He is an expert on educational policy, specializing in the economics and finance of schools. His on-going research spans a number of the most important areas of education policy including the impacts of high stakes accountability and of class size reduction and the importance of teacher quality. These analyses, combined with his work on efficiency and resource usage, relate directly to current debates about school finance policy and the concepts of adequacy and equity as they have been applied in litigation. Analyses of growth and the economic impact of school outcomes provide an economic rationale for improving school quality and for promoting more efficient use of school resources.
His books include Courting Failure, Handbook on the Economics of Education, The Economics of Schooling and School Quality, Making Schools Work, Improving America's Schools, Educational Performance of the Poor, Education and Race, Assessing Knowledge of Retirement Behavior, Modern Political Economy, Improving Information for Social Policy Decisions, and Statistical Methods for Social Scientists. In addition, he has published numerous articles in professional journals.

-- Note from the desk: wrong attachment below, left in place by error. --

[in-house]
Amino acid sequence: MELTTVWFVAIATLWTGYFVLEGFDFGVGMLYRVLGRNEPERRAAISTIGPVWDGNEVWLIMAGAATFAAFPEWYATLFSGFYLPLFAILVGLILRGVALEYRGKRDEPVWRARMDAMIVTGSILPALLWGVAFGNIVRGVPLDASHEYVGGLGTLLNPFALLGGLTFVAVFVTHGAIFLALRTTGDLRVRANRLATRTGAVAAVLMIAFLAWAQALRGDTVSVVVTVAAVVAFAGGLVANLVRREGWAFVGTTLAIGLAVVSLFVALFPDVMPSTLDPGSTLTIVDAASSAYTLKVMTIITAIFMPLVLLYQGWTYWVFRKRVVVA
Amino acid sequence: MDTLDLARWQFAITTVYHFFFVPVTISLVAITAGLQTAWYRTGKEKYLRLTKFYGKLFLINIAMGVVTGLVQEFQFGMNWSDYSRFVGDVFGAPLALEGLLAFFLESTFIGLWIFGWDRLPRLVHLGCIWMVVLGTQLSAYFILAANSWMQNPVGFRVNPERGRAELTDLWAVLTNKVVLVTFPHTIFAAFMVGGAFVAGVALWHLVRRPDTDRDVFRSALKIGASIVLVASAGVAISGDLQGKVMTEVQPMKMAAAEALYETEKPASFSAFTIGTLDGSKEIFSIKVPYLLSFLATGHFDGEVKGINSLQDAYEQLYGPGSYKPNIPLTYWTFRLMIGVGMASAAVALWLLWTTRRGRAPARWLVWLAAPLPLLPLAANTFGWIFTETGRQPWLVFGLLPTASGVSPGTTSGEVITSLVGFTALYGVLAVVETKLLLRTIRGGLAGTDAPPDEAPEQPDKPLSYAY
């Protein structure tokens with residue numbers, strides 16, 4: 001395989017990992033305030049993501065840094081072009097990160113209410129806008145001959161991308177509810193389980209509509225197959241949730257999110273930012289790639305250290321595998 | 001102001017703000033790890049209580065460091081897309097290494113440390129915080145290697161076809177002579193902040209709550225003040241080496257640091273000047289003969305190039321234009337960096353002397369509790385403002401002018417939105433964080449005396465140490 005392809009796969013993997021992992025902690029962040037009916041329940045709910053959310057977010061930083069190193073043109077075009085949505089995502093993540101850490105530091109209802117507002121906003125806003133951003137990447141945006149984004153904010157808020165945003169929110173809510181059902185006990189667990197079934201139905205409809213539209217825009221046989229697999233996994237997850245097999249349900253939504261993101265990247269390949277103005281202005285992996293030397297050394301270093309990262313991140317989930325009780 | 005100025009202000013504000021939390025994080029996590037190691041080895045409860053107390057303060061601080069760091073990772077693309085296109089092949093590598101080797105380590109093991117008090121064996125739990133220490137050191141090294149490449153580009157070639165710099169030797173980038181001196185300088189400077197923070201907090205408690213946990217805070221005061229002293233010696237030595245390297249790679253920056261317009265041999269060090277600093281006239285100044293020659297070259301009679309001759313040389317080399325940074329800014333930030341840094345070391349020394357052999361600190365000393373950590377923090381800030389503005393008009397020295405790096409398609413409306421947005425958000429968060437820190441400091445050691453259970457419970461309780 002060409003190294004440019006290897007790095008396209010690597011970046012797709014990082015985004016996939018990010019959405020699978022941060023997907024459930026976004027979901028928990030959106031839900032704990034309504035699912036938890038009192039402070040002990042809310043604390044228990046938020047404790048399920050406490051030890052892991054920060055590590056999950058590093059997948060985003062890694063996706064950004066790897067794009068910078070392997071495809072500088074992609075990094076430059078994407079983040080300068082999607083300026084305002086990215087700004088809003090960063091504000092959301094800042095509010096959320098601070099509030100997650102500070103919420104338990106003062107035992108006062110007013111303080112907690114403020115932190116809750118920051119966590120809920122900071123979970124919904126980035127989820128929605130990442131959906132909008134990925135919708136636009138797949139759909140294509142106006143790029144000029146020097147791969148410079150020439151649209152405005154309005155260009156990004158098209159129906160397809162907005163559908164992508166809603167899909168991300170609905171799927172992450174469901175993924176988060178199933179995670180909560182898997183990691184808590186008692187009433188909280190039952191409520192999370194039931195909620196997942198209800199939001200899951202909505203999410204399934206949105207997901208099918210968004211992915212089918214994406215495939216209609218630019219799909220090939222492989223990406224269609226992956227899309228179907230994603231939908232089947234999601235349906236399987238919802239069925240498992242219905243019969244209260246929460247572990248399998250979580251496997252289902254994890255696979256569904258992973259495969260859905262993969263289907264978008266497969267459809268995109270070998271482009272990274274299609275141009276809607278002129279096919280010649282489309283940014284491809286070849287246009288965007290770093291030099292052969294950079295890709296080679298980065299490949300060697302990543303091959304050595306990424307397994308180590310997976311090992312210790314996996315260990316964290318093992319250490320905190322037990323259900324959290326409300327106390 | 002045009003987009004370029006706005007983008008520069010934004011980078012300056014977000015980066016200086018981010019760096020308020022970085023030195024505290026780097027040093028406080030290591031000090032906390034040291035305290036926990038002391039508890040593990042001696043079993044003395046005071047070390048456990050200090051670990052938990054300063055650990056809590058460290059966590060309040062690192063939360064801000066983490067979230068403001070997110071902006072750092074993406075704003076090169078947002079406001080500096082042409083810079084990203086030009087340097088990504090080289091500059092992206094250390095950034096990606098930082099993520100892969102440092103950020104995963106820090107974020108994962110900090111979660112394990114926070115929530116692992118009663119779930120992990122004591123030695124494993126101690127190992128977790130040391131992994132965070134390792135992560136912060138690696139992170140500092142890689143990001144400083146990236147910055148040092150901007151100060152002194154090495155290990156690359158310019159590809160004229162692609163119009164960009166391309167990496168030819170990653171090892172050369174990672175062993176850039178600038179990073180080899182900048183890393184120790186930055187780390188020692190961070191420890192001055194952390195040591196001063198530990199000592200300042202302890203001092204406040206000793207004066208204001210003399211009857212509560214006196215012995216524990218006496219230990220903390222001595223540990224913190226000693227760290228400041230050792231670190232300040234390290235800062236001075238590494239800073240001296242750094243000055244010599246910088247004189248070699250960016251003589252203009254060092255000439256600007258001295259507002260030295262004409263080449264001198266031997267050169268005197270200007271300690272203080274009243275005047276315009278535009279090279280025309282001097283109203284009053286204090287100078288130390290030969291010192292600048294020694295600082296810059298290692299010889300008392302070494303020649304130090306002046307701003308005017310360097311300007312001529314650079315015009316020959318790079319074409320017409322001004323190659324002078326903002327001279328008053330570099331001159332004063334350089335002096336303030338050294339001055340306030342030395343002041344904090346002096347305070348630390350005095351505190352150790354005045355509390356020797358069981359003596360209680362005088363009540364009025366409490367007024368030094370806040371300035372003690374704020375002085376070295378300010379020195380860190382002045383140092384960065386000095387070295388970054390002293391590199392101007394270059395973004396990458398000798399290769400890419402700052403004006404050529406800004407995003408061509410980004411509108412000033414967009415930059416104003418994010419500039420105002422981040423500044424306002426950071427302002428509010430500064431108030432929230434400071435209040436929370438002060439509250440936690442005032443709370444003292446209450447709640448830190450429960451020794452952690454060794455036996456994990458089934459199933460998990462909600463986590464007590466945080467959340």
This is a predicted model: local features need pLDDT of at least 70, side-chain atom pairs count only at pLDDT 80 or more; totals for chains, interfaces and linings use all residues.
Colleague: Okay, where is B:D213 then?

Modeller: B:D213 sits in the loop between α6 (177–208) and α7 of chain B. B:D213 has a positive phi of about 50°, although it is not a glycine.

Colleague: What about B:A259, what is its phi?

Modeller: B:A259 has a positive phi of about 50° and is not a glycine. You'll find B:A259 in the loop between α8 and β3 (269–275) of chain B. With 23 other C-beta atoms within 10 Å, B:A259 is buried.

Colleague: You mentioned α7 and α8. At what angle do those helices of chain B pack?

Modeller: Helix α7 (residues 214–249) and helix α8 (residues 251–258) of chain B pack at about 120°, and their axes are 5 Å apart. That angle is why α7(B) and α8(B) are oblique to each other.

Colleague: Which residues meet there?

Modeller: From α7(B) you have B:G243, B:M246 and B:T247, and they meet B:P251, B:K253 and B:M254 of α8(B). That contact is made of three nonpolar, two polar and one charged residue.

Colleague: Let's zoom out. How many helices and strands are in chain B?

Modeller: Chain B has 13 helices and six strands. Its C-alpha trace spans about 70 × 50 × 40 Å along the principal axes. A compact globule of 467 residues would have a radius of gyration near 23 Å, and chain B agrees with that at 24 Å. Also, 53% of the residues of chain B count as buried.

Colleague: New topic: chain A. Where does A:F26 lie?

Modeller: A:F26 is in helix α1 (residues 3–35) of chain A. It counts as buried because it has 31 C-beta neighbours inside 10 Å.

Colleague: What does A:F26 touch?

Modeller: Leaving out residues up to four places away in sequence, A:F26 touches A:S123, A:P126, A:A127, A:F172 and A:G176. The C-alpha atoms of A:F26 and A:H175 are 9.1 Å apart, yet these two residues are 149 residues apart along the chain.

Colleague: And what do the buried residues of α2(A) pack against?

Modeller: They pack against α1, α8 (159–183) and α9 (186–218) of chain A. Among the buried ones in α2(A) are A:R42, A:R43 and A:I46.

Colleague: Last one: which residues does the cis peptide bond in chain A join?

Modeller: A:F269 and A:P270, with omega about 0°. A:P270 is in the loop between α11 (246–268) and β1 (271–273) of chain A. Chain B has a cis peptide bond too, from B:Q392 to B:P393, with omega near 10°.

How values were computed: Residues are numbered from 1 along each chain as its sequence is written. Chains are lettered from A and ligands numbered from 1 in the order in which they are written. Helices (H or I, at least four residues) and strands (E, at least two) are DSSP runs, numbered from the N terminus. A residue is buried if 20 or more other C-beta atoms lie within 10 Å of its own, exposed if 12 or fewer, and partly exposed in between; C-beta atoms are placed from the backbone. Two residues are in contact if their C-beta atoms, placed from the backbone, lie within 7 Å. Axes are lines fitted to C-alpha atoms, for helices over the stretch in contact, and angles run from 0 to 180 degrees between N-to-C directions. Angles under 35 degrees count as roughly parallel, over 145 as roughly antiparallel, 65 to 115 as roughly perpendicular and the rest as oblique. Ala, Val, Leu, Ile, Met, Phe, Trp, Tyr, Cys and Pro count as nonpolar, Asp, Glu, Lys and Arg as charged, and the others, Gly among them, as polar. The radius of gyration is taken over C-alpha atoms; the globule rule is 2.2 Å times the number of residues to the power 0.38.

He previously held academic appointments at the University of Rochester, Yale University, and the U.S. Air Force Academy. Government service includes posts as the Deputy Director of the Congressional Budget Office, Senior Staff Economist for the Council of Economic Advisers, and Senior Economist for the Cost of Living Council. He is a member of the National Academy of Education and an elected fellow of the International Academy of Education and of the Society of Labor Economists. He was awarded the Fordham Prize for Distinguished Scholarship in 2004.
He is a Distinguished Graduate of the United States Air Force Academy, where he earned his Bachelor of Science Degree. He completed his Ph.D. in Economics at the Massachusetts Institute of Technology. He served in the U.S. Air Force from 1965-1974.